I would also advise company officers to monitor their engineer's driving habits and mentor them as needed. It might save everybody some grief in the future.

Click on the Press-Enterprise link for the full story, they did a good job with this. Take the survey as well. Let them know what you think.

Thanks for reading,



  1. I want to see the photo.
    And possibly make it the wallpaper on my laptop.
    And blowing an intersection at 60 in a fully loaded engine...he HAD to have good sight lines of the cross street. The thought of anyone making engineer and trying that on a blind crossing just gives me the willies.

    Also, most red light cameras I've seen are in fairly built up areas. And I've never seen an engine running code in a built up area that had the chance to get up highway speeds. Where ever he was headed he apparently wanted to be there yesterday.

    As for red light and speed cameras....
    The language I use for such is not the sort I'd use in a civil place such as this.


  2. The safety of the general public must take precedence in all cases over the response speed of the emergency vehicle.

    Since the general public was not put at risk, I see no problem here. I voted for no punishment to be assigned.

    This looks like a case of Nanny state to me. I entrust my fire department to use their best judgement to get the job done. After several years of experience and training, I am going to presume they know more about their job than I do (what a concept!) and that they damned sure know more about their job than some asinine elected official with too much influence and control over things he or she knows little to nothing about.

    If you have a PD vs. FD feud going on, the brass should put a stop to it in no uncertain terms. Such things get in the way of service and that's a luxury I don't think any community can afford.

    City vs. County is a more likely scenario, although I don't know the players. City elected officials can get greedy and arrogant; usually they want a larger city to play in and they're not a bit shy about saying so. I'm betting County handles the fire service, and so doesn't have to snap to attention and salute when a fat city councilman waddles by and wants to inspect the station house.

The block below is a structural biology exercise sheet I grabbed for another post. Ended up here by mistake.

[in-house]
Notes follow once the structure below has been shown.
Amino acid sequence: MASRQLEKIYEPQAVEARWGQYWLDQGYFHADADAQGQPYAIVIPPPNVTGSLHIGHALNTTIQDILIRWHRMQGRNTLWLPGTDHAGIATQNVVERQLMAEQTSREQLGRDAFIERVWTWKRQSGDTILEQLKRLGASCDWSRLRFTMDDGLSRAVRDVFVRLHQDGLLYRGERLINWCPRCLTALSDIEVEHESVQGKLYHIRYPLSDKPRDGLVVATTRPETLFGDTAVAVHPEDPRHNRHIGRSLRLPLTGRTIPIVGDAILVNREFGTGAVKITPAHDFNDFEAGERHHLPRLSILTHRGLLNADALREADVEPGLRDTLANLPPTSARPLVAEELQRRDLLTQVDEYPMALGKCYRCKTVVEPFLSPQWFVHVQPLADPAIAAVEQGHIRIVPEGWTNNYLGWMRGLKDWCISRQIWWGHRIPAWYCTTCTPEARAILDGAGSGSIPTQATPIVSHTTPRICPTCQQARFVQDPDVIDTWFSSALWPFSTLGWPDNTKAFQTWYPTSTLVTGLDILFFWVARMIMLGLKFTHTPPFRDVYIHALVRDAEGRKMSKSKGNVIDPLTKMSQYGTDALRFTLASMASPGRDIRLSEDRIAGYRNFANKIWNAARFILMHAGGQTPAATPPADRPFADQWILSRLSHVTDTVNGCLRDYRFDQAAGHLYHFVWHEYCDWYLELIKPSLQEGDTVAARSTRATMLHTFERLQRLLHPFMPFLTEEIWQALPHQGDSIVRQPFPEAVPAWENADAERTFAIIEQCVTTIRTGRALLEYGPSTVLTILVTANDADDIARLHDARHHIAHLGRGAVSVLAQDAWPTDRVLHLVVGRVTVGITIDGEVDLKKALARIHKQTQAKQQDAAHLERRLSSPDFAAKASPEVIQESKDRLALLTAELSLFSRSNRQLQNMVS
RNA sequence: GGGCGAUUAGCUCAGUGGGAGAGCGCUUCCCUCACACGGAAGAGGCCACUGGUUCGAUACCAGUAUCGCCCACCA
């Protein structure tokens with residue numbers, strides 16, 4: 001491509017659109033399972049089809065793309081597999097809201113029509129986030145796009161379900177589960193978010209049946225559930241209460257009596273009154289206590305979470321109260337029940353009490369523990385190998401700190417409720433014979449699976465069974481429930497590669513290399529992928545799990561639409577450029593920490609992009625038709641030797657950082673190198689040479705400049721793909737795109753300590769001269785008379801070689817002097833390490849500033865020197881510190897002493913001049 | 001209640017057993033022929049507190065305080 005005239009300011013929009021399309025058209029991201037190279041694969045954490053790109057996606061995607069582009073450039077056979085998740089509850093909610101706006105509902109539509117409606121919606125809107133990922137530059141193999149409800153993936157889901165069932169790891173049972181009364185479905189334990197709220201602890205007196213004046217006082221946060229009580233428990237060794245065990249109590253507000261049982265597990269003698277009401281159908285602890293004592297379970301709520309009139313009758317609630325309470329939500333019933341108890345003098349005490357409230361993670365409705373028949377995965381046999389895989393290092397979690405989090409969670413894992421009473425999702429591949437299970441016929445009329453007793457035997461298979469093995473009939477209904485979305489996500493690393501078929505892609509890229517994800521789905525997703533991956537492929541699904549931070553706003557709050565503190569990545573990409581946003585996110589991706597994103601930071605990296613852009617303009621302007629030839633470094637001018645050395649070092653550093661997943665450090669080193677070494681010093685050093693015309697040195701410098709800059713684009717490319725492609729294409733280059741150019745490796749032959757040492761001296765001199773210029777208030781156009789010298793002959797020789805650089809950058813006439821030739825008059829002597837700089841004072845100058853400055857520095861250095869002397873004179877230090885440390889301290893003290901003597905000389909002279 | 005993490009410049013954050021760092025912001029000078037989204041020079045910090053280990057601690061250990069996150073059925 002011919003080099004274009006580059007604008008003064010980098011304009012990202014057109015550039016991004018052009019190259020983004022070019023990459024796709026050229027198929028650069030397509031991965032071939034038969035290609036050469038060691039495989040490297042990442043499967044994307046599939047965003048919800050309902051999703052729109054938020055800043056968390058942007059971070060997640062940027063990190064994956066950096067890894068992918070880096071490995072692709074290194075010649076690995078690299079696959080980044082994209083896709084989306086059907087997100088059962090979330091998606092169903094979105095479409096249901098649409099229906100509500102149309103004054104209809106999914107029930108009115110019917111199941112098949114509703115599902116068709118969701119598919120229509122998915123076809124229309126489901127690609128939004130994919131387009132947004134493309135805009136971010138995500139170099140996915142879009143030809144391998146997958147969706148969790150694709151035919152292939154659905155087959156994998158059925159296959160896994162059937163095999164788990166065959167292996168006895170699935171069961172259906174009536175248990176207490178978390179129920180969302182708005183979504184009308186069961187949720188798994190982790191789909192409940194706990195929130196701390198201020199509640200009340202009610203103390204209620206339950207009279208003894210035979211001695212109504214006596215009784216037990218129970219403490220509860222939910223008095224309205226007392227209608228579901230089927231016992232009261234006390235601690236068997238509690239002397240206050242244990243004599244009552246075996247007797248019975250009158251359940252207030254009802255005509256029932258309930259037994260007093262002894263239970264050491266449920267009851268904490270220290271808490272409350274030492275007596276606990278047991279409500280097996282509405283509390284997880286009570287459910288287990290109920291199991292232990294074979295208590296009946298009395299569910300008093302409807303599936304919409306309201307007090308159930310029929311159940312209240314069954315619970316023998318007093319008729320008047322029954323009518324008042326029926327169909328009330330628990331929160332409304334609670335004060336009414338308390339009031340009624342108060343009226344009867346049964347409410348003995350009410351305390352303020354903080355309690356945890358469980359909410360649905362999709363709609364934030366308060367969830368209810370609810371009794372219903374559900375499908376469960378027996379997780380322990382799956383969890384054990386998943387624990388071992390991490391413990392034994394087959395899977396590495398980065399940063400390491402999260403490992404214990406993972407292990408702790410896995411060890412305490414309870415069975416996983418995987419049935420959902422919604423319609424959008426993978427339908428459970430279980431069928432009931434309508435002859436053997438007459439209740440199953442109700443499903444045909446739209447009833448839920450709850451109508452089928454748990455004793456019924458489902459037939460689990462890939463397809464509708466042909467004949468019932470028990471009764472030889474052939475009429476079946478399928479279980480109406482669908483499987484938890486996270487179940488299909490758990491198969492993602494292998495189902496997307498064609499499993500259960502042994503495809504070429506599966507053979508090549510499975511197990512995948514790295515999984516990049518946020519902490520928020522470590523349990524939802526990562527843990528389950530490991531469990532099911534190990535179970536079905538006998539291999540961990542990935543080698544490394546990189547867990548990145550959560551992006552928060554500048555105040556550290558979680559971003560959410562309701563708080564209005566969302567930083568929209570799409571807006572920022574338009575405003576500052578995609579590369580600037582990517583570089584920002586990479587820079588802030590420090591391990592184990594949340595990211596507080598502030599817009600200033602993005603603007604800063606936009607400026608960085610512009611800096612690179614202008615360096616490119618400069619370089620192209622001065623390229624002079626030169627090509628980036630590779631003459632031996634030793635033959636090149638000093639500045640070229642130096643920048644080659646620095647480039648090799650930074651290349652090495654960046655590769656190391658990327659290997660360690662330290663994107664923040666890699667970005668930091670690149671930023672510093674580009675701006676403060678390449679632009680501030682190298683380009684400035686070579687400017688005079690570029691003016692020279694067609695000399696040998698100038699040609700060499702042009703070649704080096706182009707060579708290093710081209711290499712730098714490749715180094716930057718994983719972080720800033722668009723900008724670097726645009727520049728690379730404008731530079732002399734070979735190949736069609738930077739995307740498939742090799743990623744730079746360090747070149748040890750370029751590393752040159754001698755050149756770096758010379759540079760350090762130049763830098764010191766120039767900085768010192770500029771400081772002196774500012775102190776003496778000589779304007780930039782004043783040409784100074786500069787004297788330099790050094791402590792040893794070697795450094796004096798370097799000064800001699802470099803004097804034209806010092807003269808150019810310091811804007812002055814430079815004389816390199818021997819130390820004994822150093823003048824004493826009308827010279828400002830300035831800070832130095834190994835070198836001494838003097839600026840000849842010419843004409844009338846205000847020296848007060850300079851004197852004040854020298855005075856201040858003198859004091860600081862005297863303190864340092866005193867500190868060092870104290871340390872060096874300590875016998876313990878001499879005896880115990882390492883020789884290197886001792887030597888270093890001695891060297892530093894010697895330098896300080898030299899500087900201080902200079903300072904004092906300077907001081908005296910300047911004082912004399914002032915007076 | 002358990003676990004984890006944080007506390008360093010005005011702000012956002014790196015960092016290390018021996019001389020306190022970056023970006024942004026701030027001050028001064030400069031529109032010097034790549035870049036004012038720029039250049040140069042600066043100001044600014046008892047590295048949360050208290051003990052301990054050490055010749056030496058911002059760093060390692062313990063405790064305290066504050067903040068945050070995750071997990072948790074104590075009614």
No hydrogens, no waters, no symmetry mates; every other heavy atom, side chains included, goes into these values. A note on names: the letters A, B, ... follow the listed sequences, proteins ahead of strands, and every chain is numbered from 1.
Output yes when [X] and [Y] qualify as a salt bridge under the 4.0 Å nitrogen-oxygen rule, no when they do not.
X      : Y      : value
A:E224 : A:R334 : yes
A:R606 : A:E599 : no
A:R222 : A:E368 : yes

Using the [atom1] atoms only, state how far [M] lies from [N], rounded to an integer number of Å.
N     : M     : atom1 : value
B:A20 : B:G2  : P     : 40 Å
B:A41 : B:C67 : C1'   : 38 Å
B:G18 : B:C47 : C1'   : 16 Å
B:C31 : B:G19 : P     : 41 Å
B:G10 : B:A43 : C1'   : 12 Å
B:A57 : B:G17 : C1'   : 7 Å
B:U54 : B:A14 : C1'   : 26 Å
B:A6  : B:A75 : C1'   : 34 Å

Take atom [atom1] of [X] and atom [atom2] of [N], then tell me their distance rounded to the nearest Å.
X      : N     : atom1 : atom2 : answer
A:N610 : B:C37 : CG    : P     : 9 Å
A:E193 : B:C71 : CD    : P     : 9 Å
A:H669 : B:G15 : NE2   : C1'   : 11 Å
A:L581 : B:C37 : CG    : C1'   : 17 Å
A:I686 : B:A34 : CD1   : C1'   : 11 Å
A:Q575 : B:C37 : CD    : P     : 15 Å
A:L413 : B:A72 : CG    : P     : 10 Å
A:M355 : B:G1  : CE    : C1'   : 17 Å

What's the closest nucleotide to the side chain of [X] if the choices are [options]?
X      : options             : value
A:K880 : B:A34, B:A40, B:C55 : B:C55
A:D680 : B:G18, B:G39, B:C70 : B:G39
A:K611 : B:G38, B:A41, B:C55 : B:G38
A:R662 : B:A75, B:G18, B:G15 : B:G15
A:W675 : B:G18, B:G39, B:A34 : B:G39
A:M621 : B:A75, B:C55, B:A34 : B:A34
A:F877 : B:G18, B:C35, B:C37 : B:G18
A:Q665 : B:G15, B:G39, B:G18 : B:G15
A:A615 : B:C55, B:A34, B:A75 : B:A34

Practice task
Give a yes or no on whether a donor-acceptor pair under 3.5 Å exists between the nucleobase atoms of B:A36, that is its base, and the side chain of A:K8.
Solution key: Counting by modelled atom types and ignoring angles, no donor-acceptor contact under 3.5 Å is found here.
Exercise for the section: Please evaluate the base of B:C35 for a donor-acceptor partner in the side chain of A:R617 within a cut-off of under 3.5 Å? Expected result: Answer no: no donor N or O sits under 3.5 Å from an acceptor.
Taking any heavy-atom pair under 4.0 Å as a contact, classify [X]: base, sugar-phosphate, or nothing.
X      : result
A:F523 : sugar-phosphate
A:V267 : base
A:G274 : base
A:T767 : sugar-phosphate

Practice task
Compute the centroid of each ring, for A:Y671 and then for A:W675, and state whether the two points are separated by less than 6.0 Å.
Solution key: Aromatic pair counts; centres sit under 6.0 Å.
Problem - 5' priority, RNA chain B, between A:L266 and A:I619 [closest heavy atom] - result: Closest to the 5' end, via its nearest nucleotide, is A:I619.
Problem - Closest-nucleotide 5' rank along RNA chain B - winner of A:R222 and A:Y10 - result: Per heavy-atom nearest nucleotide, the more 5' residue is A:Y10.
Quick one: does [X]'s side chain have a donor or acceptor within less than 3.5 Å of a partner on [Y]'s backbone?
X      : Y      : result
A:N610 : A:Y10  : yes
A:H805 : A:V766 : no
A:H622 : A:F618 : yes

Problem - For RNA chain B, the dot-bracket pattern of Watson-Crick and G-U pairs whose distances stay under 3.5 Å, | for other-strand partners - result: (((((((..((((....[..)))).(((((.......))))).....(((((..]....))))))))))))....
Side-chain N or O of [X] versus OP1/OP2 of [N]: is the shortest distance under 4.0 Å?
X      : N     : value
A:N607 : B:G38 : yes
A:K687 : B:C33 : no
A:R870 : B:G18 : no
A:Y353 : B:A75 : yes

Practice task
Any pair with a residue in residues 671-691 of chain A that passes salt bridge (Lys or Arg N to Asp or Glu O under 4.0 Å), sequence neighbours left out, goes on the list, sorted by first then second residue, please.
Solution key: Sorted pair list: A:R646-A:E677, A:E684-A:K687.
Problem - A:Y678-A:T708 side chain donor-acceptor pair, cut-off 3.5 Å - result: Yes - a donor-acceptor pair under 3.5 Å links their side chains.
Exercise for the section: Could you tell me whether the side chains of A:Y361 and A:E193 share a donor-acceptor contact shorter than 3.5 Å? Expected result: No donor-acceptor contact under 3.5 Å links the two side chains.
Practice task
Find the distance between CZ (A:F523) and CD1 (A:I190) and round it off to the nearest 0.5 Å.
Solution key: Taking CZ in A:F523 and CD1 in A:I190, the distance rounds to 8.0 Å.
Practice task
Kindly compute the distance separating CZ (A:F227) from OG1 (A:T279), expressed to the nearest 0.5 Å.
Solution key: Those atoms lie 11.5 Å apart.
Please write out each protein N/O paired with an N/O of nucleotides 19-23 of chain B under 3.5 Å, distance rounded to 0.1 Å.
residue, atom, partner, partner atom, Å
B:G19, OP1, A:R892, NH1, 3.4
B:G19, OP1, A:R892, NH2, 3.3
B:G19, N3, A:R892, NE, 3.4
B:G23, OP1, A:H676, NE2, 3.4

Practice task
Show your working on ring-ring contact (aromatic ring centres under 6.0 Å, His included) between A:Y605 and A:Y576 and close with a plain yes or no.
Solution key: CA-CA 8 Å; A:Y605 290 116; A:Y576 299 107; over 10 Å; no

Anyway, that's my very own two bits.

  3. BG - As do I. I am sure there is a collection of humorous red-light camera pics somewhere, I have just never found them.

    The area where I suspect that this occurred is a newer one with wide six lane blvds. If traffic was light, it would be easy to attain highway speeds - not that one should.

    Mad Jack - The city has it's own fire dept, the county/Cal-Fire protects an unincorporated area near by. It may have been a "don't drive fast in my town" thing who knows. Regardless, I think it's pretty chickenshit that it had to come to this. Believe me, a lot of cops dislike firefighters more than the other way around. It's just the way it is.

    Thanks for the comments.

  4. Cal Fire policy is to slow down to a stop at red lights and proceed with caution when traffic yields the right of way.

    This engineer deserves what he got.

  5. Bob - You know CAL Fire policy far better than I. Our agency had a full stop policy for a while, then rescinded it for one where one must slow to a safe and reasonable speed.

    Either way, 60 is too fast. I'm pretty sure I found the intersection in question, freeway speeds are not appropriate.

    I don't know the offender, nor his driving record or reputation. Unless one or both are sullied, I feel a suspension may have been more appropriate. IMHO.

    Thanks for the comment